US raid frees Western hostages in Somalia

White House confirms that US Special Forces conducted a helicopter rescue of two aid workers abducted in October.

    The White House has confirmed that US Special Forces carried out a night raid in northern Somalia and freed two hostages while killing a reported nine pirates.

    A statement released on Wednesday from President Barack Obama read, "Thanks to the extraordinary courage and capabilities of our Special Operations Forces, yesterday Jessica Buchanan was rescued and she is on her way home."

    The statement continued: "The United States will not tolerate the abduction of our people, and will spare no effort to secure the safety of our citizens and to bring their captors to justice."


    The two aid workers, US citizen Jessica Buchanan, 32, and Dane Poul Hagan Thisted, 60, had been working for the Danish Demining Group.

    They were abducted in Galkayo in the semi-autonomous Galmudug region in October.

    Mohamed Ahmed Alim, president of Galmudug, told the Reuters news agency that nine pirates were killed and five captured during the operation near the pirate haven of Haradhere.

    Alim was speaking from Hobyo, another pirate base north of Haradheere, where he said he was negotiating the release of a US journalist seized on Saturday, also from Galkayo.

    "About 12 US helicopters are now at Galkayo. We thank the US. Pirates have spoiled the whole region's peace and ethics. They are mafia," Alim said.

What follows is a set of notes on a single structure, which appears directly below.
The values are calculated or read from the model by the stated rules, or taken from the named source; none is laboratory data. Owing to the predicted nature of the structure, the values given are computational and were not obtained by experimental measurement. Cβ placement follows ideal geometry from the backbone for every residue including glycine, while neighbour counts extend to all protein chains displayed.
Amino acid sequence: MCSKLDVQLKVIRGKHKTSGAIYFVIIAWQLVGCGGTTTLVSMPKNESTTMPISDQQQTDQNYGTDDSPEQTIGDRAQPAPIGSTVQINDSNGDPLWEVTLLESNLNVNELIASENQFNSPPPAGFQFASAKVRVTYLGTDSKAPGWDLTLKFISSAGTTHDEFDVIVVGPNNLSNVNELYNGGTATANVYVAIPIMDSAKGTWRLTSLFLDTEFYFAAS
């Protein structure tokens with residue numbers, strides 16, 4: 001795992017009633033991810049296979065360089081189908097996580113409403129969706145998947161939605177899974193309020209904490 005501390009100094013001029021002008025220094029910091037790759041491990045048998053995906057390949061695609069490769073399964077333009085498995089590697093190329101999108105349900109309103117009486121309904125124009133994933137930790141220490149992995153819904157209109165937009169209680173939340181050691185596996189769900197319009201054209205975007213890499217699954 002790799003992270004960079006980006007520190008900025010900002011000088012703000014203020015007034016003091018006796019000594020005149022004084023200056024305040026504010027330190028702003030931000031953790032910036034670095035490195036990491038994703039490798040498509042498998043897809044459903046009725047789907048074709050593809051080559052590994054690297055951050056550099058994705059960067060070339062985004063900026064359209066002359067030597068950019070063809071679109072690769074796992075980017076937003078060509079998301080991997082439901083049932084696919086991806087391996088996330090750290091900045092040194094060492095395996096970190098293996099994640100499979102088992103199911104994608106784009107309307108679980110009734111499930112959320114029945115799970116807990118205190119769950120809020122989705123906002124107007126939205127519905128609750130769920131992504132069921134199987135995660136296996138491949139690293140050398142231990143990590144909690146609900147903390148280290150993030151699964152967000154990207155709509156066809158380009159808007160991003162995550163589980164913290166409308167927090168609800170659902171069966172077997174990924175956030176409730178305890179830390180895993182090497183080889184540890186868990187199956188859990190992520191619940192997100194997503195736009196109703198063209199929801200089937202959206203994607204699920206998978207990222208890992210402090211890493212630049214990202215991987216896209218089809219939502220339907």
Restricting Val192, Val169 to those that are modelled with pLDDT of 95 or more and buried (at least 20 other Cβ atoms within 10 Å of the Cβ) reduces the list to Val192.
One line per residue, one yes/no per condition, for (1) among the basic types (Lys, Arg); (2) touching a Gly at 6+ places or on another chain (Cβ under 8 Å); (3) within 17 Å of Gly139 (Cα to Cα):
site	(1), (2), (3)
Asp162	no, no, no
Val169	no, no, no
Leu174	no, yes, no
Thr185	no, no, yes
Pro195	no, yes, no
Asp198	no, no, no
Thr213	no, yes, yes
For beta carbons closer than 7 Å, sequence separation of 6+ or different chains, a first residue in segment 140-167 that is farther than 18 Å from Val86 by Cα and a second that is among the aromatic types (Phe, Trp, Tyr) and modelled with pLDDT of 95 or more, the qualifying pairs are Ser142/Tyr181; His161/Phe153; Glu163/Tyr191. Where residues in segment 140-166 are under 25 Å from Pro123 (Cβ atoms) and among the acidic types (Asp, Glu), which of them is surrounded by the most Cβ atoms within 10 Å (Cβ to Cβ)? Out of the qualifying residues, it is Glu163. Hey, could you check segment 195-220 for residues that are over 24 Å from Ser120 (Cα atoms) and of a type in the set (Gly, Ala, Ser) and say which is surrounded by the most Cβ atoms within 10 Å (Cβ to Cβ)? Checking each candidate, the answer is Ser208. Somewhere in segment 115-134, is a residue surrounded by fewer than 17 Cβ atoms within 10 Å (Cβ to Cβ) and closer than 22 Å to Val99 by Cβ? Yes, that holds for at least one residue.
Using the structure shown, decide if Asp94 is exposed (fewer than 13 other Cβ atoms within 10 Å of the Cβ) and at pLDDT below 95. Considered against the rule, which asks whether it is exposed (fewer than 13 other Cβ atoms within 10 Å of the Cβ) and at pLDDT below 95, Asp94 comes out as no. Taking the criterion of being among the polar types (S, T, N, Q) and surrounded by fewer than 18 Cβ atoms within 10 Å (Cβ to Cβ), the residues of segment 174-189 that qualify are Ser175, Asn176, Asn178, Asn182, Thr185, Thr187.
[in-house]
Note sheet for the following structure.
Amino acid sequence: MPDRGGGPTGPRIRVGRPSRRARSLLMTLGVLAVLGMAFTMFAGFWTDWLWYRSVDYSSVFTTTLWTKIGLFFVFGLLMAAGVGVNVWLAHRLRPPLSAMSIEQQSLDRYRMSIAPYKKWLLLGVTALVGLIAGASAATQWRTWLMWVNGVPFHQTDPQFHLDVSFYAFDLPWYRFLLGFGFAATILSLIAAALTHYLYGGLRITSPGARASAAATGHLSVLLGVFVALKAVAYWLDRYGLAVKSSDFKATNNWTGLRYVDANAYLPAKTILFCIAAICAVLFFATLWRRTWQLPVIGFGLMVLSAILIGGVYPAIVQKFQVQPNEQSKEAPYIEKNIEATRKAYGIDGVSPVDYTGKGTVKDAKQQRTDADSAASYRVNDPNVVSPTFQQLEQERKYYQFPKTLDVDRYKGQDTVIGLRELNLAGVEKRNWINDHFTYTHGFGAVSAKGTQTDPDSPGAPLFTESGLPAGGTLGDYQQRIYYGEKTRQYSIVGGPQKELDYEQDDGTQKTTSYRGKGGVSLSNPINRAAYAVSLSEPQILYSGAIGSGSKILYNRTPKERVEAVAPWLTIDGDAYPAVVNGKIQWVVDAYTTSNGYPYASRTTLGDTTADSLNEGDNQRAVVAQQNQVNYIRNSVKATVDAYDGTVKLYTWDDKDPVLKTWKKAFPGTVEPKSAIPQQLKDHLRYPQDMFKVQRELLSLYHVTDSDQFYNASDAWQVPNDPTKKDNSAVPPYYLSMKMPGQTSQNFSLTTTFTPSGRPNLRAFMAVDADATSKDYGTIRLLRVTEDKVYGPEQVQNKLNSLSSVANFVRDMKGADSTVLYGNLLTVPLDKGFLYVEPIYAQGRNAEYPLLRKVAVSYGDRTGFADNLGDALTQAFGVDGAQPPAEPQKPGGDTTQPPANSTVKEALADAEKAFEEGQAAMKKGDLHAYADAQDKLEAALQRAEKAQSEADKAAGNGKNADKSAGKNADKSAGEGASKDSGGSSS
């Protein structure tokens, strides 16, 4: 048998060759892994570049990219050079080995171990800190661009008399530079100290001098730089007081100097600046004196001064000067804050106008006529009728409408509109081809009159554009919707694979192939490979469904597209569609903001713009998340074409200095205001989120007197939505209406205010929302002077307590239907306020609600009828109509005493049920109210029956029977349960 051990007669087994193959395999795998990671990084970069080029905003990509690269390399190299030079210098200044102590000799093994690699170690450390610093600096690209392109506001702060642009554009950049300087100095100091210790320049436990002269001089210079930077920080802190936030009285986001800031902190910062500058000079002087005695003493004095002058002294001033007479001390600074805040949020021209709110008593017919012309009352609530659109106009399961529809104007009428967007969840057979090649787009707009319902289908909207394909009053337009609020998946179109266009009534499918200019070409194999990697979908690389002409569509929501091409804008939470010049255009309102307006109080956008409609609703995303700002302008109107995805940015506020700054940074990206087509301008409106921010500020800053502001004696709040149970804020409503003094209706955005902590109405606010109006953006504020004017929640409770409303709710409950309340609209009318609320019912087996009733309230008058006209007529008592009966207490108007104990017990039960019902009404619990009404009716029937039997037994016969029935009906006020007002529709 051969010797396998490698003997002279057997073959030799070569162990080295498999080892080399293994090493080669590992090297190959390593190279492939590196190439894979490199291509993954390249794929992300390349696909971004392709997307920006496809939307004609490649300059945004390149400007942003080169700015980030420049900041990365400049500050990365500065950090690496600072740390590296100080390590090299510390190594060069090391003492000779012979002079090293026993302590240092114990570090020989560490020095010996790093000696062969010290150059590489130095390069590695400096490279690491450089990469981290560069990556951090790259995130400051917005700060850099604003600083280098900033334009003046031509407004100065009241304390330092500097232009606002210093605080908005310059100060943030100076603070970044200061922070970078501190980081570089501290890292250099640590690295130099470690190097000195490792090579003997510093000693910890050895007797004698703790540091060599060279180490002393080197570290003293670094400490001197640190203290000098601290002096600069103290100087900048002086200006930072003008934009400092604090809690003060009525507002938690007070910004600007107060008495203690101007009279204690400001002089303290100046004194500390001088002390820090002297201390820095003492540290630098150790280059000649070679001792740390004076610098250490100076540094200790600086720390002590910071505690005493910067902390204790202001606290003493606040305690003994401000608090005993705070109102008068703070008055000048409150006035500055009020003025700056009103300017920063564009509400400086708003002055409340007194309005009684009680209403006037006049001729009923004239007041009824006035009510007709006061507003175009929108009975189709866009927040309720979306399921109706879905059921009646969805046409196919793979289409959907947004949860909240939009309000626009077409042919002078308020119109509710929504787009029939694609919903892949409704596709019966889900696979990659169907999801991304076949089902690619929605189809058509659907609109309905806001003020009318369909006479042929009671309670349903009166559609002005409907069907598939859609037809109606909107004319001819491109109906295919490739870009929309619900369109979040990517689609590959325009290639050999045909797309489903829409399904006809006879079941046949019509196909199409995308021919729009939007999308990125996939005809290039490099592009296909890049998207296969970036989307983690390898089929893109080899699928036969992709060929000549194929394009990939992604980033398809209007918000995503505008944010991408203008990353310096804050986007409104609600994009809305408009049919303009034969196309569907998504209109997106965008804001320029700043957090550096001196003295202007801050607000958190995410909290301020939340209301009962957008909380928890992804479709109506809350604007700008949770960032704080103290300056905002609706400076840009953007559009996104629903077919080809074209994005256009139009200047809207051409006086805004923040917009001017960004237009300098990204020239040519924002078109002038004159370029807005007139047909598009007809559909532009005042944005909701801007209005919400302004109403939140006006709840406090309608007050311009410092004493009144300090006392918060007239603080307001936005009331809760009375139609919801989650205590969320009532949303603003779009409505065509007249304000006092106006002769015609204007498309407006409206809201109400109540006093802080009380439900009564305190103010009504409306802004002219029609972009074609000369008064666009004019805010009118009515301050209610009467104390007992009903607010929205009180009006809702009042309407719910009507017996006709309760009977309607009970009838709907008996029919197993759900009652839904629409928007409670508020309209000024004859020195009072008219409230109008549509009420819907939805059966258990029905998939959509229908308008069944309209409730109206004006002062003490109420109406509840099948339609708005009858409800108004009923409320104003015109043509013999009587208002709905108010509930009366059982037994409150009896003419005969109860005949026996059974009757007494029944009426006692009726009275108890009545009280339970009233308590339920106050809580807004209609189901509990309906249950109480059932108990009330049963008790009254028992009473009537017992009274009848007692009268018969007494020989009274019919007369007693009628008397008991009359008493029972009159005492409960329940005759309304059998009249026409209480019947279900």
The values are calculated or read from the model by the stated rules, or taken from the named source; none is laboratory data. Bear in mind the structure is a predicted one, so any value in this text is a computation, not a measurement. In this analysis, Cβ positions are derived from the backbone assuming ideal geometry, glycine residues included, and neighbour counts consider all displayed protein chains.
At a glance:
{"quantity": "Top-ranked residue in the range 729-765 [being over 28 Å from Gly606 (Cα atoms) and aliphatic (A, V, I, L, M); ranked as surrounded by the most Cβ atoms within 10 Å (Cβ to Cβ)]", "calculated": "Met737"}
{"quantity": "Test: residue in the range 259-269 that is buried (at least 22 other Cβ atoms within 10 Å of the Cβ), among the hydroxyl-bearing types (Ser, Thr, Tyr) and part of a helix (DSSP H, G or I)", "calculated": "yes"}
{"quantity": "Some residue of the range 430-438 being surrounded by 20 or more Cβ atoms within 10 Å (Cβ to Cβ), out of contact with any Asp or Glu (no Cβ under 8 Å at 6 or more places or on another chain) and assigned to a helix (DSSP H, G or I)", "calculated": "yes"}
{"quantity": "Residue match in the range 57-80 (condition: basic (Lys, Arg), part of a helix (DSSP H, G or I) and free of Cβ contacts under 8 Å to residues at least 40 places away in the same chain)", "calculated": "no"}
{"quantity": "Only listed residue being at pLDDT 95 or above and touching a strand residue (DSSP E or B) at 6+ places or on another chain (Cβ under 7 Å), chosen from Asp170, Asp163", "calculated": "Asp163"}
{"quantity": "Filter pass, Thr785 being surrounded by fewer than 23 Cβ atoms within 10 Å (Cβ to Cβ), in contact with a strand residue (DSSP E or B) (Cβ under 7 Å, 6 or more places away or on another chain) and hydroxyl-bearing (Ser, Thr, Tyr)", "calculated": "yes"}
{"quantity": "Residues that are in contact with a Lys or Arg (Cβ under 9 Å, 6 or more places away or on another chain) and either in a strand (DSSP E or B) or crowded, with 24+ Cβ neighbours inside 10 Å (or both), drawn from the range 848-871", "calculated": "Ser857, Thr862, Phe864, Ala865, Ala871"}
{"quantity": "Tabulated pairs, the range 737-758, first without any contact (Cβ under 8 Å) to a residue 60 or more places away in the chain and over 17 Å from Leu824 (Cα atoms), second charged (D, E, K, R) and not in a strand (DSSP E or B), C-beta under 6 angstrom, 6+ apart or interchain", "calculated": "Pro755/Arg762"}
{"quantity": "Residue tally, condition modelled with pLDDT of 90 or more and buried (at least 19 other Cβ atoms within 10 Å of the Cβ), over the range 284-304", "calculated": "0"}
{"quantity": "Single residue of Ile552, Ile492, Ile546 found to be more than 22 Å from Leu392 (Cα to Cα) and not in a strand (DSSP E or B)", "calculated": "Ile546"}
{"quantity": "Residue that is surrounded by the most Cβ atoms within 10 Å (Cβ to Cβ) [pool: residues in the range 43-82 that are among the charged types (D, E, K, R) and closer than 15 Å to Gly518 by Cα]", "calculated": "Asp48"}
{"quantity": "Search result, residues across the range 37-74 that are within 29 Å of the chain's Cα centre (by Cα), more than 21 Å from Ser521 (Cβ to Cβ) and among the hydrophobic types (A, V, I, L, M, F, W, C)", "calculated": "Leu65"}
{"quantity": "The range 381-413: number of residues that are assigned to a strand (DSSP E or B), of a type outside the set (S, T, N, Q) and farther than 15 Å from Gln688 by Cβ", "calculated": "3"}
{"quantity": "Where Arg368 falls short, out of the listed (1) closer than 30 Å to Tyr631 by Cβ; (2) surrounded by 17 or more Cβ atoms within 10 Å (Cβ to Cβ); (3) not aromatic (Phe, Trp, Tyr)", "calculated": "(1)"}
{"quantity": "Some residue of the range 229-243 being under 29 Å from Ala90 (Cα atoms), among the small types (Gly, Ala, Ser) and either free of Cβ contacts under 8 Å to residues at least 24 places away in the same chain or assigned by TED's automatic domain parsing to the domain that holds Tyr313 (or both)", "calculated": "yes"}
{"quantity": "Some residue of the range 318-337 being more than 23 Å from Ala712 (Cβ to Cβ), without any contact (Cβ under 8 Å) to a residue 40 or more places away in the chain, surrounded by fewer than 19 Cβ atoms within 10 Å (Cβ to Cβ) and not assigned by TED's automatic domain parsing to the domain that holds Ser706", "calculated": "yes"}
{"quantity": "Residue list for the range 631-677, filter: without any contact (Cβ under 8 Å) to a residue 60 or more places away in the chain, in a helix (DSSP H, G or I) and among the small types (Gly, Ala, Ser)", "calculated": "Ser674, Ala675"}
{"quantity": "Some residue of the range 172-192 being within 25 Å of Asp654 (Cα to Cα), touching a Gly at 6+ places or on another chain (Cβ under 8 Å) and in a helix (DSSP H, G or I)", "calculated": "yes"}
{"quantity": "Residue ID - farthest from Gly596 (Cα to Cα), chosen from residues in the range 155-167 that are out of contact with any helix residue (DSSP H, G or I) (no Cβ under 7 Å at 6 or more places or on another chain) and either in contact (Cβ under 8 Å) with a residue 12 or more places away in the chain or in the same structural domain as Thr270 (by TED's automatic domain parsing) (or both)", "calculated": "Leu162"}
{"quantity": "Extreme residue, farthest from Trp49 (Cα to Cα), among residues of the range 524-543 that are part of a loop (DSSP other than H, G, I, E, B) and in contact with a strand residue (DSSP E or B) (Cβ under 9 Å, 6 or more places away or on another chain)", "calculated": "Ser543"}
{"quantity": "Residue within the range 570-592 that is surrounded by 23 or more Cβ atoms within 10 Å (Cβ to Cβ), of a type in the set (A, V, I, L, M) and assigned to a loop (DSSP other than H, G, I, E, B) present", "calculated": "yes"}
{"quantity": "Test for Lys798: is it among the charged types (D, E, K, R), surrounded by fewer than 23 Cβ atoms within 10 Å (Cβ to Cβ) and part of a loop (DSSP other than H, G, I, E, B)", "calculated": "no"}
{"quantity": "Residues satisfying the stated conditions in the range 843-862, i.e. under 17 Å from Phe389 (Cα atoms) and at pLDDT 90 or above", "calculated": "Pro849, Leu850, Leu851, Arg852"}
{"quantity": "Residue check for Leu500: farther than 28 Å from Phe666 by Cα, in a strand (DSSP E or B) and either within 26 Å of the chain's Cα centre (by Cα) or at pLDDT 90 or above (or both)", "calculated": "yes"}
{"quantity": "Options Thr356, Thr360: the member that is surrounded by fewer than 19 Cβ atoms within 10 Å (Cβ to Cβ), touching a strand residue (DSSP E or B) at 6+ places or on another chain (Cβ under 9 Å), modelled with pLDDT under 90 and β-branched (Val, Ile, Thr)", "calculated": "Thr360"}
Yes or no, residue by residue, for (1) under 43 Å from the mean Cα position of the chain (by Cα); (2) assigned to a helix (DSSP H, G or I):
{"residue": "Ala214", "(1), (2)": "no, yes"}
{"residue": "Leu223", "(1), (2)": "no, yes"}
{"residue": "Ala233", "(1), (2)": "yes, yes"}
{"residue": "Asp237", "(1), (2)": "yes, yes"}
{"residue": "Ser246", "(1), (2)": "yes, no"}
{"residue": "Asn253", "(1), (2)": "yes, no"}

Families reunited

    A Western official told the Associated Press the raid was carried out by US military forces. A second official said the helicopters and the hostages flew to a US military base called Camp Lemonier in the Horn of Africa nation of Djibouti.

    A crucial US ally in the region, Djibouti has the only US base in sub-Saharan Africa. It hosts the military's Combined Joint Task Force-Horn of Africa.

    The Danish Refugee Council said both freed hostages were unharmed "and at a safe location". The group said in a separate statement that the two "were on their way to be reunited with their families".

    The two aid workers appear to have been kidnapped by criminals, sometimes referred to as pirates, and not by Somalia's al-Qaeda-linked group al-Shabab.

    As large ships at sea have increased their defences against pirate attacks, gangs have looked for other money making opportunities like land-based kidnappings.

    A pirate who gave his name as Bile Hussein said he had spoken to gang members at the scene of the raid and they reported that nine pirates had been killed.

    Colleague detained

    A second pirate who gave his name as Ahmed Hashi said two helicopters attacked at about 2am at the site where the hostages were being held about 20km north of the Somali town of Adado.

    US military rescue operations are typically carried out by highly trained special forces. A spokeswoman at the Pentagon had no immediate comment.

    The Danish Refugee Council had earlier enlisted traditional Somali elders and members of civil society to seek the release of the two hostages.

    The aid agency has said that Somalis held demonstrations demanding the pair's quick release. Their Somali colleague was detained by police on suspicion of being involved in their kidnapping.

    Several hostages are still being held in Somalia, including a British tourist and two Spanish doctors seized from neighboring Kenya, and the American journalist kidnapped on Saturday.

    SOURCE: Al Jazeera and agencies


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